Located on the 14th to 16th floors, the metal element rooms represent purity and elegance. Inversely inspired by the city bustle of Bangkok, the bright and airy spaces are immaculately simple yet inviting with their shades of white and sleek metallic details, including Ramayana-inspired clouds hanging above the headboard.

Feng Shui brings individual balance through the synergy of the five elements, each with their own unique energy and characteristics. Guests can walk the enhancement path, choosing their corresponding element to boost inner energy, the balance path to choose a supporting element, or they can just throw caution to the wind and walk with an entirely unexpected element on the discovery path.

So Bangkok is the first hotel in Asia to offer a fully connected lifestyle, with all 238 rooms and suites equipped with fully integrated Mac mini media solutions which, when complemented with a 40” LCD television, offer an unprecedented range of media entertainment and guest services at the touch of a button. iPads are also available for suite stayers.

For guests who wish to stay in touch internationally, there is an online web radio broadcast live from the hotel, as well as a live webcam streaming of the Bangkok skyline and Lumpini Park.

Adorning the walls of the lounge are two murals that display an amalgamation of Sofitel’s French roots while respecting the Thai essence of Bangkok. At the entrance, a surreal art piece portrays a unique interplay between ancient Siam and 19th century France, with figures dressed in historical French clothes, but having the heads of flowers commonly found in Thailand – orchid, lotus, red coral, peony, and rose – while mythological creatures prowl at their feet. Another fresco depicts European figures decked out in Thai-inspired prints in a kaleidoscopic palette of bright colors.

Personalized check-in and a welcome mini-massage at So SPA are offered to club guests, who can also enjoy complimentary use of a MacBook Air at the lounge. In addition to all day refreshments and non- alcoholic beverages, guests also enjoy breakfast, afternoon tea, and evening cocktails served at Club Signature daily during set hours. We enjoyed our check in with Michel, who, echoing the culturally rich city of Bangkok, is just one of the internationally-traveled multilingual members of the knowledgeable staff at Sofitel’s Club level.

During my stay, I enjoyed daily breakfast in the beautiful Red Oven restaurant. With design inspiration drawn from the fire element, all cuisine venues, meeting spaces and public areas exude indulgence and flair. The UK-based Gorgeous Group, creator of award-winning bars and restaurants in Europe, provided the food and beverage concepts at Sofitel So Bangkok. The Red Oven served up a delicious and diverse breakfast spread, with exotic cuisine from all over the world.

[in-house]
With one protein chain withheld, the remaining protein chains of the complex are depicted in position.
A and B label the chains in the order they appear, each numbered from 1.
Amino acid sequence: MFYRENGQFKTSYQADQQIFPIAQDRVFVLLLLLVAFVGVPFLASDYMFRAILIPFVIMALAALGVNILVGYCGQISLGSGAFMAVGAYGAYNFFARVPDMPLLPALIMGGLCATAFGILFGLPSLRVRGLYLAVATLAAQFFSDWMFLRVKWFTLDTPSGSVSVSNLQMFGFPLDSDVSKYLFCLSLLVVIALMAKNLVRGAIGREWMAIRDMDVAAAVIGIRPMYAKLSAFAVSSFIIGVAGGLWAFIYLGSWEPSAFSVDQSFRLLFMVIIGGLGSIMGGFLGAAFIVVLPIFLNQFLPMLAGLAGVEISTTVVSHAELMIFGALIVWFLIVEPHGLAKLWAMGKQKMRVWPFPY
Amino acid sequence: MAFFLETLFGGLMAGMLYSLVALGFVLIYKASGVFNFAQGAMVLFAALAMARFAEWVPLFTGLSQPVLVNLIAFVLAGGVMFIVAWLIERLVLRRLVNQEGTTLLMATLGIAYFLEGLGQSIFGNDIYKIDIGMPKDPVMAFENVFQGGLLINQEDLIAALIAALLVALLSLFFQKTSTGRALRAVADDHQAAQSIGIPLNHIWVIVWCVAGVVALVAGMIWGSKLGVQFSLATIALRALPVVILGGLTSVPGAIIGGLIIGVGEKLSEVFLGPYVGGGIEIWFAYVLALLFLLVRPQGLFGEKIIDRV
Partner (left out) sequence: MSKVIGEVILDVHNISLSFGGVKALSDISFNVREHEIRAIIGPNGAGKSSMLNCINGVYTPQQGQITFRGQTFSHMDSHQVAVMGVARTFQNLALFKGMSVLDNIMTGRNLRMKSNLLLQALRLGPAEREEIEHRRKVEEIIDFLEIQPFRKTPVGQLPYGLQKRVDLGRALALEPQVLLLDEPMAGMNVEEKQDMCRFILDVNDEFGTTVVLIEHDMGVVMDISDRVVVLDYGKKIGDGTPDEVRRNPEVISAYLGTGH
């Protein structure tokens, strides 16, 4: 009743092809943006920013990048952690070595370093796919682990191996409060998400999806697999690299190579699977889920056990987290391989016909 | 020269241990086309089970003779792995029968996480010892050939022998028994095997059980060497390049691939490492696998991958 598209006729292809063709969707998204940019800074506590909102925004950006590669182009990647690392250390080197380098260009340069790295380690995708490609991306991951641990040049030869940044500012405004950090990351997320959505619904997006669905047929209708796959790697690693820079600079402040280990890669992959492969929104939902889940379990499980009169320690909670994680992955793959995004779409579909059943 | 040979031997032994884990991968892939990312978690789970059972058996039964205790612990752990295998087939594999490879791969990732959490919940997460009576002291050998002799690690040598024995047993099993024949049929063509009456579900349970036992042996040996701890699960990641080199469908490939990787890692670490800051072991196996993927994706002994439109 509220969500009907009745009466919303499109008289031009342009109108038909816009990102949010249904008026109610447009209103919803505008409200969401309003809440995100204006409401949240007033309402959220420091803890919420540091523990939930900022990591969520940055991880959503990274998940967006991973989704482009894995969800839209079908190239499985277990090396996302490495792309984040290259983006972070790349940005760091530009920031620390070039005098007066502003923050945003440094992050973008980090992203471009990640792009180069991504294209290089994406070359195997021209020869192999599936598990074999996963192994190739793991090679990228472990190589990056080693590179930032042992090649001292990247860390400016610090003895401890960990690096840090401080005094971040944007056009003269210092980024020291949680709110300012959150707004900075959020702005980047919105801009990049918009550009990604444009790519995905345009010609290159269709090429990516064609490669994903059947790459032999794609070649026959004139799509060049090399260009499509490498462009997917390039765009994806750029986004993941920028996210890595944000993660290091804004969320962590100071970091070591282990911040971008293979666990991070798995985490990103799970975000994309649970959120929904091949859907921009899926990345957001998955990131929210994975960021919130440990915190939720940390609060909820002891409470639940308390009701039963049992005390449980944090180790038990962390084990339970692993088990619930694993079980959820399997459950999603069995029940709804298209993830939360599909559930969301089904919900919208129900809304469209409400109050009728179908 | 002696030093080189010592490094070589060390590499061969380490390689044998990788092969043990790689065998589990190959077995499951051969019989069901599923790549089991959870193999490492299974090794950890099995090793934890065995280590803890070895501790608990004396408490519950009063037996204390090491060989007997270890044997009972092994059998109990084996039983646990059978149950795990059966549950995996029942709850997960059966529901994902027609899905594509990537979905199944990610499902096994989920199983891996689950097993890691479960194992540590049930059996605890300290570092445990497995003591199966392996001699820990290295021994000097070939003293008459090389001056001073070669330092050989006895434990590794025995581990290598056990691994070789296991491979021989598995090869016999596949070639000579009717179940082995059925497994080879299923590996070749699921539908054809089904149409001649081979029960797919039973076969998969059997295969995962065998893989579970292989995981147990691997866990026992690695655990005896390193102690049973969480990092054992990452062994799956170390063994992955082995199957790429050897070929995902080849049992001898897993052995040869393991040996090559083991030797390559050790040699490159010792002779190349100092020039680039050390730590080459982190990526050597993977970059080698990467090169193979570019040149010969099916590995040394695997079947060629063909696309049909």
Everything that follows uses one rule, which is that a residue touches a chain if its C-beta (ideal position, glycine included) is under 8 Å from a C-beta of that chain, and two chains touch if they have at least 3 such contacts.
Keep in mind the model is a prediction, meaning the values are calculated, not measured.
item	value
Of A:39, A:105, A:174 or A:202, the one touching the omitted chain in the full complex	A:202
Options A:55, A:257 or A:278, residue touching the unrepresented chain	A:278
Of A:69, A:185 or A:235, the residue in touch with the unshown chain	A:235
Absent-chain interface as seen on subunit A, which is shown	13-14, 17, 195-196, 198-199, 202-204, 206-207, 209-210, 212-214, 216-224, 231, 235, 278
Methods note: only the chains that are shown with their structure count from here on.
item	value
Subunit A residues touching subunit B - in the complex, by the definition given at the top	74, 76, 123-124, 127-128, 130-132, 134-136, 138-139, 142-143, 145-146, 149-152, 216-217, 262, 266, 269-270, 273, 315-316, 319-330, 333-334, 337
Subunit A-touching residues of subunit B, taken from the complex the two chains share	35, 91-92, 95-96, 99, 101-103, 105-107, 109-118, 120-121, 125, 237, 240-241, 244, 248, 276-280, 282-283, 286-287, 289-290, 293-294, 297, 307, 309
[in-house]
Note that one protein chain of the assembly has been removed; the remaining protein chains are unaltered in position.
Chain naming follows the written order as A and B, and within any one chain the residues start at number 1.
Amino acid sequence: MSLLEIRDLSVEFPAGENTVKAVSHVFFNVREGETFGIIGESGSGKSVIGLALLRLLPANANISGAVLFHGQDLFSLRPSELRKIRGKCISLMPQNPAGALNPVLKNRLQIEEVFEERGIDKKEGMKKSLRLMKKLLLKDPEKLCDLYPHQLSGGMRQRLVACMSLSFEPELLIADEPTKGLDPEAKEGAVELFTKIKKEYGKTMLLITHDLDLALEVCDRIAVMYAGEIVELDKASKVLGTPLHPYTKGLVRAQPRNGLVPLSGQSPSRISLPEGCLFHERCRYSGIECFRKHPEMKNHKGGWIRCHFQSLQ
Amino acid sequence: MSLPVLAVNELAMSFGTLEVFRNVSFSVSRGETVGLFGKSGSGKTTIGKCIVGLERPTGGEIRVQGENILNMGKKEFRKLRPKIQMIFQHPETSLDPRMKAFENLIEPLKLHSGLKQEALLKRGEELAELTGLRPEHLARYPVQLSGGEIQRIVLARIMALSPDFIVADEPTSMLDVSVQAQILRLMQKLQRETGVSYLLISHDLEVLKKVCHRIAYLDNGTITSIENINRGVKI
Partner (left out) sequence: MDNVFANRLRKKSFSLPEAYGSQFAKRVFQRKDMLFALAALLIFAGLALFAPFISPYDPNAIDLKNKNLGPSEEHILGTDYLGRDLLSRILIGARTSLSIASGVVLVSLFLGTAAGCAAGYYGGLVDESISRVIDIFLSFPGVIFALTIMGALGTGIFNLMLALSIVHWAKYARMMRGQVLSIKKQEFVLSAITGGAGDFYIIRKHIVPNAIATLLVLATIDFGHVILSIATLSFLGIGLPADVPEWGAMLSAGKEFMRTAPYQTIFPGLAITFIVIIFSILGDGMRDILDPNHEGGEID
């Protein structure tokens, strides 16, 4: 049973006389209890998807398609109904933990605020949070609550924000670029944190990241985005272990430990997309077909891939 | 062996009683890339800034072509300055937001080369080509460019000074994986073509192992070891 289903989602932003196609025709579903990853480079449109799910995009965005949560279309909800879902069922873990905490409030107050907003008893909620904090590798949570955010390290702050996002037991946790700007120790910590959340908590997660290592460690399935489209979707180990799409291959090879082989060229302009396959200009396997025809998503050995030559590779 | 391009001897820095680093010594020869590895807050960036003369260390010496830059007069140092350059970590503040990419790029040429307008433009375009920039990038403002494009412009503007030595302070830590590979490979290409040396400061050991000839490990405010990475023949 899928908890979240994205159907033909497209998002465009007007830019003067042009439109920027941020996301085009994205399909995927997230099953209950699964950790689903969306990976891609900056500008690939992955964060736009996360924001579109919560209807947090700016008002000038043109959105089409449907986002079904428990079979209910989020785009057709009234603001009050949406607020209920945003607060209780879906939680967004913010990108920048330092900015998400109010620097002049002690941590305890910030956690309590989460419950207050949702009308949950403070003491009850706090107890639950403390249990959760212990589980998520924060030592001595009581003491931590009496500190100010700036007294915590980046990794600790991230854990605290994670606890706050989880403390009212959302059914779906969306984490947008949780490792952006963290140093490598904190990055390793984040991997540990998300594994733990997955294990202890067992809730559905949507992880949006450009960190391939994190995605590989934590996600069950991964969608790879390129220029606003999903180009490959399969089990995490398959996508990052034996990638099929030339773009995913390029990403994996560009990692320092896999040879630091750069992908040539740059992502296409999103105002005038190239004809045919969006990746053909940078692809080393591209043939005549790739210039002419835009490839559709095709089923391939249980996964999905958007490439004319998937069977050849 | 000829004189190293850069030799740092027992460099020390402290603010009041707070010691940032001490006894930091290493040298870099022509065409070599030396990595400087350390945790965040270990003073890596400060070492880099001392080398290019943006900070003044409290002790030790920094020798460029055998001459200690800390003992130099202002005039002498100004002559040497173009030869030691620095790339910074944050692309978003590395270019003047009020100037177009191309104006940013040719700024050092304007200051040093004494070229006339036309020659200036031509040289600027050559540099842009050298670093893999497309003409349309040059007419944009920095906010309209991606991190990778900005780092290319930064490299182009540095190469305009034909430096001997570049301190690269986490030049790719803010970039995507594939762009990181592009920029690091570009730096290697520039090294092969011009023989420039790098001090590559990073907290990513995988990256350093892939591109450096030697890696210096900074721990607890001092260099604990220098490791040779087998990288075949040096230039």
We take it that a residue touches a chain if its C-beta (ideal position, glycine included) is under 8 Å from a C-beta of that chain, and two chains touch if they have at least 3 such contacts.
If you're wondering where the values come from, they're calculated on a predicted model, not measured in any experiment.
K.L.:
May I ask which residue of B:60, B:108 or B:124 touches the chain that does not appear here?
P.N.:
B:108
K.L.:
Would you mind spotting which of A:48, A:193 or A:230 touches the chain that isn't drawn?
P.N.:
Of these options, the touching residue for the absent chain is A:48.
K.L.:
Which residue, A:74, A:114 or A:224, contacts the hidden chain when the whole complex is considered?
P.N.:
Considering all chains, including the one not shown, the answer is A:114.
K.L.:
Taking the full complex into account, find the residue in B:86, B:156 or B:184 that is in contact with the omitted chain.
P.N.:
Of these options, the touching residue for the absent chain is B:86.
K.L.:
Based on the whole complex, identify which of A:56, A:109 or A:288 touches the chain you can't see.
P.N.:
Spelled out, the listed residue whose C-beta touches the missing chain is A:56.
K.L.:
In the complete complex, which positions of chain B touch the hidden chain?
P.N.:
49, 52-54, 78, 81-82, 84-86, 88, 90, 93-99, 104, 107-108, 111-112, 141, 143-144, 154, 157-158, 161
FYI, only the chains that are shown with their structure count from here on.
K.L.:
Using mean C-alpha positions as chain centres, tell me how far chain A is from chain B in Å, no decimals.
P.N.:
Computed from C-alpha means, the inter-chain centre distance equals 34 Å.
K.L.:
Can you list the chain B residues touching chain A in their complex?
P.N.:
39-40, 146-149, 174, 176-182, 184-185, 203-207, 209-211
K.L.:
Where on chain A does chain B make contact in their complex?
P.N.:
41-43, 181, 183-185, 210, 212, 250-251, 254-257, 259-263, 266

At street level, guests with a sweet tooth can find confectionary nirvana, Chocolab. Expert chocolatiers at the laboratory-turned-factory melt and shape cacao creations using premium French Bonnat chocolate, the oldest in the world. The workshop is encased behind glass windows in full view, with confectionary made to taste and order.

Tucked against the opposite end of Park Lobby away from the So Welcome table on the 9th floor, MIXO serves up refreshing cocktails such as its signature tipple Pink Peppercorn Spiced Bellinni along with the panoramic park view. Guests can tap into their inner mixologist to craft their very own concoction, with the inspiration behind each creation immortalized in a lavish log book kept at the bar. I even joined them for Wine Down Fridays, when hotel attendees and general public alike, for a fee, enjoy free-flow bubbles and Spanish tapas to either wind down their work week or turn up for weekend ahead.

So Fit on the 10th floor is So Bangkok’s fully equipped fitness center featuring the latest Technogym equipment under the guidance of professional personal trainers. There is also a dedicated aerobics room where daily classes are led by cardiovascular experts. Guests can also enjoy separate men’s and women’s steam and sauna facilities.

The Water Club on the 10th floor consists of a 33.6m-long outdoor infinity pool with tunes piped in for underwater musical enjoyment. The view is riveting view, facing Bangkok’s business districts, filled with skyscrapers and busy city life. The water in the infinity pool seemingly flows into the nearby Lumpini Park, giving the impression of swimming in mid-air high above the bustling city streets. Bartenders at the poolside bar can mix up a Rehab cocktail to kick start the day with an energy boost. Sun seekers can also bask in the rays at the solarium, positioned to take advantage of the sun from dusk until dawn.

Two cities, and two very different versions of Sofitels. Despite their contrasting styles, there’s no question that Sofitel is a world leader in delivering truly exceptional travel experiences. So Bangkok’s spunky personality is unmistakably Sofitel, from its premiere hotel services to its unforgettable dining down to the couture sartorial styling. As a guest or a traveler, one simply cannot miss indulging in at least one outing at Bangkok’s hippest hotel.

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4 thoughts on “A Stay at Sofitel So Bangkok

  1. Did you find anyone at the place you stayed in, get butthurt after a date, and online-shame them too?
    You’re infamously mental.

  2. You are a genuinely good writer. I prefer a straight forward and concise style, but I am a technical writer so I have to keep my sentences very simple. I think, for a blog, you are right to be a little more conversational. Enjoyed the review. Did you do the pictures yourself?

  3. As for your hypocritical critics, who have comments about your dating life: Who the hell hasn’t made a dating mistake at 25/26 years old? I certainly did. I recommend looking at Monica Lewinsky’s Ted talk and seeing how she “owns it”. You can admit your mistake, and what you learned from it. That way, when the hypocrites come on here, they will be redundant.

    1. i dont feel like i made any mistake. i am the most beautiful, not-fat at all, richest, condo owning, smart, cool girl! i mean hello did i not make that clear? damn ms. diet why do you have to be such a downer, and on the eve of my 5/8th birthday celebration no less! i was looking forward to celebrating it at the hottest night club with 400 of my closest friends and my future husband and father of my 18 children, whom i met this morning when we bumped into each other and i dropped my triple cheese chicken bacon ‘smores quesadilla on his suede shoes. god you are such a dumb whore, and dont deserve your current job so im going to do everything i can to make sure you get fired to make me feel better because im queen of everything.

      p.s. if you are currently out of a job, do notify me the moment you acquire one so that i may proceed to try and get you fired. peas and spank you.

      sincerely,
      quif woodturd poo